With opera filling his ears, Branch Branciforte bends over his latest watercolor, carefully applying brush strokes to the page.
“He can spend the entire day in his room, painting,” said his daughter Lori Gregg. “It’s his focus for the day.”
Branciforte, who is 95, devoted his adult life as an engineer at major aviation companies. While sketching and wood carving were always a hobby, it wasn’t until he was 81 that he began painting watercolors. All it took was one art class and he was off and running. Since that time, he has given away more than 200 pieces and creates two vibrant watercolors a week.
“Money is not important to me,” Branciforte said.
He has lived with his daughter and her husband since 1998. They’ve resided in various parts of the country and even after they’ve moved on, Branciforte’s artwork remains in the hands of people whose lives he has touched.
Last year, a group of students from the Orcas Christian School visited his studio. He gave away 20 paintings that day. Most recently, he contributed 24 pieces to the Valentine’s Day lunch at the senior center.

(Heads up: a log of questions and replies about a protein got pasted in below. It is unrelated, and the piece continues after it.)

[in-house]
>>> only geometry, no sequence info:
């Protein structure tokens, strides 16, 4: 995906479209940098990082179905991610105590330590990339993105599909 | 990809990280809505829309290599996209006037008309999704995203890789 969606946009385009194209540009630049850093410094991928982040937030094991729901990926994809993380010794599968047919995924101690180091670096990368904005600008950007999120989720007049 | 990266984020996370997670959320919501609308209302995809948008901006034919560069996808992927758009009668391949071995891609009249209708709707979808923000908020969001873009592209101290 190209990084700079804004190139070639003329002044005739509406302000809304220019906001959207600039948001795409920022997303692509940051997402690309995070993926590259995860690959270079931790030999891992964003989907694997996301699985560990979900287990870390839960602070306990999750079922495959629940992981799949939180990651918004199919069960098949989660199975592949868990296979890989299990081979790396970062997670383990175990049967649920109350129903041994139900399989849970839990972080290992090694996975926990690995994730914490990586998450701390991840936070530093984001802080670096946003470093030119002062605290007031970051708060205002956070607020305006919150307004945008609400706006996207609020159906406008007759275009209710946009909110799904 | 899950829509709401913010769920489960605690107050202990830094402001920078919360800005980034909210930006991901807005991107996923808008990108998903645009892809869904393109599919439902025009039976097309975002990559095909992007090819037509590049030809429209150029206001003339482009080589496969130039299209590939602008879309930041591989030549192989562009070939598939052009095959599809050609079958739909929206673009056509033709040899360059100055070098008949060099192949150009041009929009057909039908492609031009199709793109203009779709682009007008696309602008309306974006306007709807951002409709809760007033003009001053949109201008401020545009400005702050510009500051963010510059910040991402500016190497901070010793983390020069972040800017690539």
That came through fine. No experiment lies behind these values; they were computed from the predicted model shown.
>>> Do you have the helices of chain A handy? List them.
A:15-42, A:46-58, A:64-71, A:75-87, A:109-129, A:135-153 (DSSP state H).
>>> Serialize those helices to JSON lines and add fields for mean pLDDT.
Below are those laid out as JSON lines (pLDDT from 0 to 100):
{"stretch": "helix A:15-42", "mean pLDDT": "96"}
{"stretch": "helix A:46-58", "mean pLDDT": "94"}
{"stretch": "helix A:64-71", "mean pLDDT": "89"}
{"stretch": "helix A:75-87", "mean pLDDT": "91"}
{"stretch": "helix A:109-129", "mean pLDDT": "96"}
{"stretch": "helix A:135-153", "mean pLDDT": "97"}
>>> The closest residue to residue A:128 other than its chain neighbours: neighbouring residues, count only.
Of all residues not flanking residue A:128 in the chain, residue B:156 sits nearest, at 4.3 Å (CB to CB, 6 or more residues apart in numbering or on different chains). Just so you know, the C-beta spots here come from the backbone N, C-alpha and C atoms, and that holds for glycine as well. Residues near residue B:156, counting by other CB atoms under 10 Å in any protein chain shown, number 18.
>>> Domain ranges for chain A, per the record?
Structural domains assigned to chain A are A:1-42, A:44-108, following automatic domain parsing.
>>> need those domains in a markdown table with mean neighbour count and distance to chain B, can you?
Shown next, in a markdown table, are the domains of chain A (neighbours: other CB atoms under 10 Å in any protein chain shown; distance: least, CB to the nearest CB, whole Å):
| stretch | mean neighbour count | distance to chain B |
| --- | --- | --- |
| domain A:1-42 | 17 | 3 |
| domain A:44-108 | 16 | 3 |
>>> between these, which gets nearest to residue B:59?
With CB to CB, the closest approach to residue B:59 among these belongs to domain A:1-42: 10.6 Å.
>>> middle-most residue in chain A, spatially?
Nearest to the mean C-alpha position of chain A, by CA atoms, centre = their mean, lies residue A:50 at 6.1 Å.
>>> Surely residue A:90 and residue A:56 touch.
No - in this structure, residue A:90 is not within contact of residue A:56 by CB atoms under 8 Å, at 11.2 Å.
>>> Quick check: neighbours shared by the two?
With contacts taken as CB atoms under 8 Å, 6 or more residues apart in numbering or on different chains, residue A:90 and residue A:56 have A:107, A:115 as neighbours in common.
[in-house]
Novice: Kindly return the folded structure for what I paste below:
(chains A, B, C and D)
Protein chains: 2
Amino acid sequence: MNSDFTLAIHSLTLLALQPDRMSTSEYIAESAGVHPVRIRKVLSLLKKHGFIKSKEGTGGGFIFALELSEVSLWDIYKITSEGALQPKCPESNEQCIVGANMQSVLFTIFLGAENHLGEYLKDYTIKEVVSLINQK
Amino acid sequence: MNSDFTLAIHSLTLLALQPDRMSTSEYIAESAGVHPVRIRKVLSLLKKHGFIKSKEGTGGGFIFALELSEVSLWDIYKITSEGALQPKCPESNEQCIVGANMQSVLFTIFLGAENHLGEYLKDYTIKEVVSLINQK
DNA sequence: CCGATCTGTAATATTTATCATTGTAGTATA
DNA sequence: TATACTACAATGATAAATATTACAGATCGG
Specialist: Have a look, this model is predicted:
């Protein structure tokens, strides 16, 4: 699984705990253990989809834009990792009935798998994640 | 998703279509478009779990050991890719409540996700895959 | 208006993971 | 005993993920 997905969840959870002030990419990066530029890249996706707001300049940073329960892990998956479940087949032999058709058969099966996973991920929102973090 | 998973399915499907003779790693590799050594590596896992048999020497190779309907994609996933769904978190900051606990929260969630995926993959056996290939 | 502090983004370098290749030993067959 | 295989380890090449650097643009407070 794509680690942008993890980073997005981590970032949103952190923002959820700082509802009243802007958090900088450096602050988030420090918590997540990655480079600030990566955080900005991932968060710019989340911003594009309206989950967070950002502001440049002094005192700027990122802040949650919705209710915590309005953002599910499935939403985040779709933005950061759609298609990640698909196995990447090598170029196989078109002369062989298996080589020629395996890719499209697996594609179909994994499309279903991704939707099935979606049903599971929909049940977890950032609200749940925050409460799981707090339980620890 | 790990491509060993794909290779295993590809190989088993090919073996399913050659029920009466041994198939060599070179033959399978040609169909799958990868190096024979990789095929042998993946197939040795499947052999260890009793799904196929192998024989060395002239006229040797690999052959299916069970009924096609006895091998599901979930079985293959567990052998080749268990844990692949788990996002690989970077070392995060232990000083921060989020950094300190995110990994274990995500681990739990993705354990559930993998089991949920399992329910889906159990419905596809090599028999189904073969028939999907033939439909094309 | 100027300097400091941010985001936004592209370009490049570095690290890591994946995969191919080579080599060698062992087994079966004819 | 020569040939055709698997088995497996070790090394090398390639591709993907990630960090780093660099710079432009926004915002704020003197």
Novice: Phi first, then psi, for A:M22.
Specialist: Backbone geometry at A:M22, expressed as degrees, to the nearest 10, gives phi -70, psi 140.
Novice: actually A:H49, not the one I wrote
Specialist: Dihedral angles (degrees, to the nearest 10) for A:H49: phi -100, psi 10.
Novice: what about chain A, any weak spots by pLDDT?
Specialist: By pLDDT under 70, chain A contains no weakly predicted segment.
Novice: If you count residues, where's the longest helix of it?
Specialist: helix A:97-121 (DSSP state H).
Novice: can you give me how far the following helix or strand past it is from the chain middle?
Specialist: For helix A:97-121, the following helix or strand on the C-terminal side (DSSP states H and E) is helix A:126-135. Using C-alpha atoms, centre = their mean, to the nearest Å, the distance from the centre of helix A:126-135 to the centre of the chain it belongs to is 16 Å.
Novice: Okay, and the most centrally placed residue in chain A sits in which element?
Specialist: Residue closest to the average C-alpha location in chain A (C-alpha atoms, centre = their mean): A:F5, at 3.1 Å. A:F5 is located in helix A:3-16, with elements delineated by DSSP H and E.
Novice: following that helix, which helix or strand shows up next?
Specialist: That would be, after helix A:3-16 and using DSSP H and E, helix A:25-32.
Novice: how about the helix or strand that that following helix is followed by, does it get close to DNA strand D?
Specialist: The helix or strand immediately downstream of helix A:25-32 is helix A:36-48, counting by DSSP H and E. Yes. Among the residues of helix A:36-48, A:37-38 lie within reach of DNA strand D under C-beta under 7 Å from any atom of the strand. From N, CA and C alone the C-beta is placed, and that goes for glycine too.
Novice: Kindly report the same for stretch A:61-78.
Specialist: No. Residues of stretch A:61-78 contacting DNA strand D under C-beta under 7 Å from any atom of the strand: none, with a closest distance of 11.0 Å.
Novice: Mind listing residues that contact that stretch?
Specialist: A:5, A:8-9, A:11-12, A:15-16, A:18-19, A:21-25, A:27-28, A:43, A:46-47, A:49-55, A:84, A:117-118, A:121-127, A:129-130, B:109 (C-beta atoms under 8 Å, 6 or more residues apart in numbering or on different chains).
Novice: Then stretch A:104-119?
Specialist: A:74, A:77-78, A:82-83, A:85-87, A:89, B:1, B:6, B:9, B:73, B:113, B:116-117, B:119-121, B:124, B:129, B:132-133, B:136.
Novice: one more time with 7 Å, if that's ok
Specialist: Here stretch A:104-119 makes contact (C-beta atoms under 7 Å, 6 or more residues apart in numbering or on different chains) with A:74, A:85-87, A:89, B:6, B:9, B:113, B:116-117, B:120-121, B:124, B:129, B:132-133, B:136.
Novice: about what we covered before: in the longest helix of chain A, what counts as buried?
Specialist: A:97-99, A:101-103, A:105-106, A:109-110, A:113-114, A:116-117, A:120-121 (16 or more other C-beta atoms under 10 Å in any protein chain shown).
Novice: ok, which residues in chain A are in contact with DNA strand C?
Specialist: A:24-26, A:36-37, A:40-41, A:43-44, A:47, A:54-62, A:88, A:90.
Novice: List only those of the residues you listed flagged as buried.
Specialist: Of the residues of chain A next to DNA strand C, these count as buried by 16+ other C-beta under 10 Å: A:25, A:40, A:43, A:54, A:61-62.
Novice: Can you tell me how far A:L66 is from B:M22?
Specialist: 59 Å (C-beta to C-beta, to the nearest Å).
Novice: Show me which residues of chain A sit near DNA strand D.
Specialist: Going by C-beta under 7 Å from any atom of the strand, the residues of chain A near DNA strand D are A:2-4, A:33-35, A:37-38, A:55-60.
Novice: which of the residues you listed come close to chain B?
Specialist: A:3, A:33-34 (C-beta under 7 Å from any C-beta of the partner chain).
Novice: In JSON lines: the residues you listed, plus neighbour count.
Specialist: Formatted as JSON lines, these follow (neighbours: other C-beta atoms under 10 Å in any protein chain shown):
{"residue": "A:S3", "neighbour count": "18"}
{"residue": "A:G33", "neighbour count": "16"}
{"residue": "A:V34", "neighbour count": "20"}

One of his dearest pieces is called “Hugging Hearts.” The image came to him in a dream from his wife, who passed away in 2003 after 69 years of marriage.
Branciforte is open to any kind of subject matter – from animals to waterfalls and landscapes. His grandchildren send him images to replicate and he scours magazines for interesting images.
“Something will jump out at me and say ‘paint me!’ and so I say ‘I’ll try,” he laughs.
In addition to giving away his art, Branciforte is known for sharing his Italian recipes.
“I love to cook and I helped my mom in the kitchen all the time,” he said.
Branciforte, who is one of 10 siblings, credits his youthful energy to eating in moderation, never smoking and “always thinking happy thoughts.”
He and his daughter frequently attend the Met’s streaming opera productions at Orcas Center.
“I sing songs to myself, I am happy from the inside out,” he said. “I always listen to music ... operas and music from the 40s and 50s.”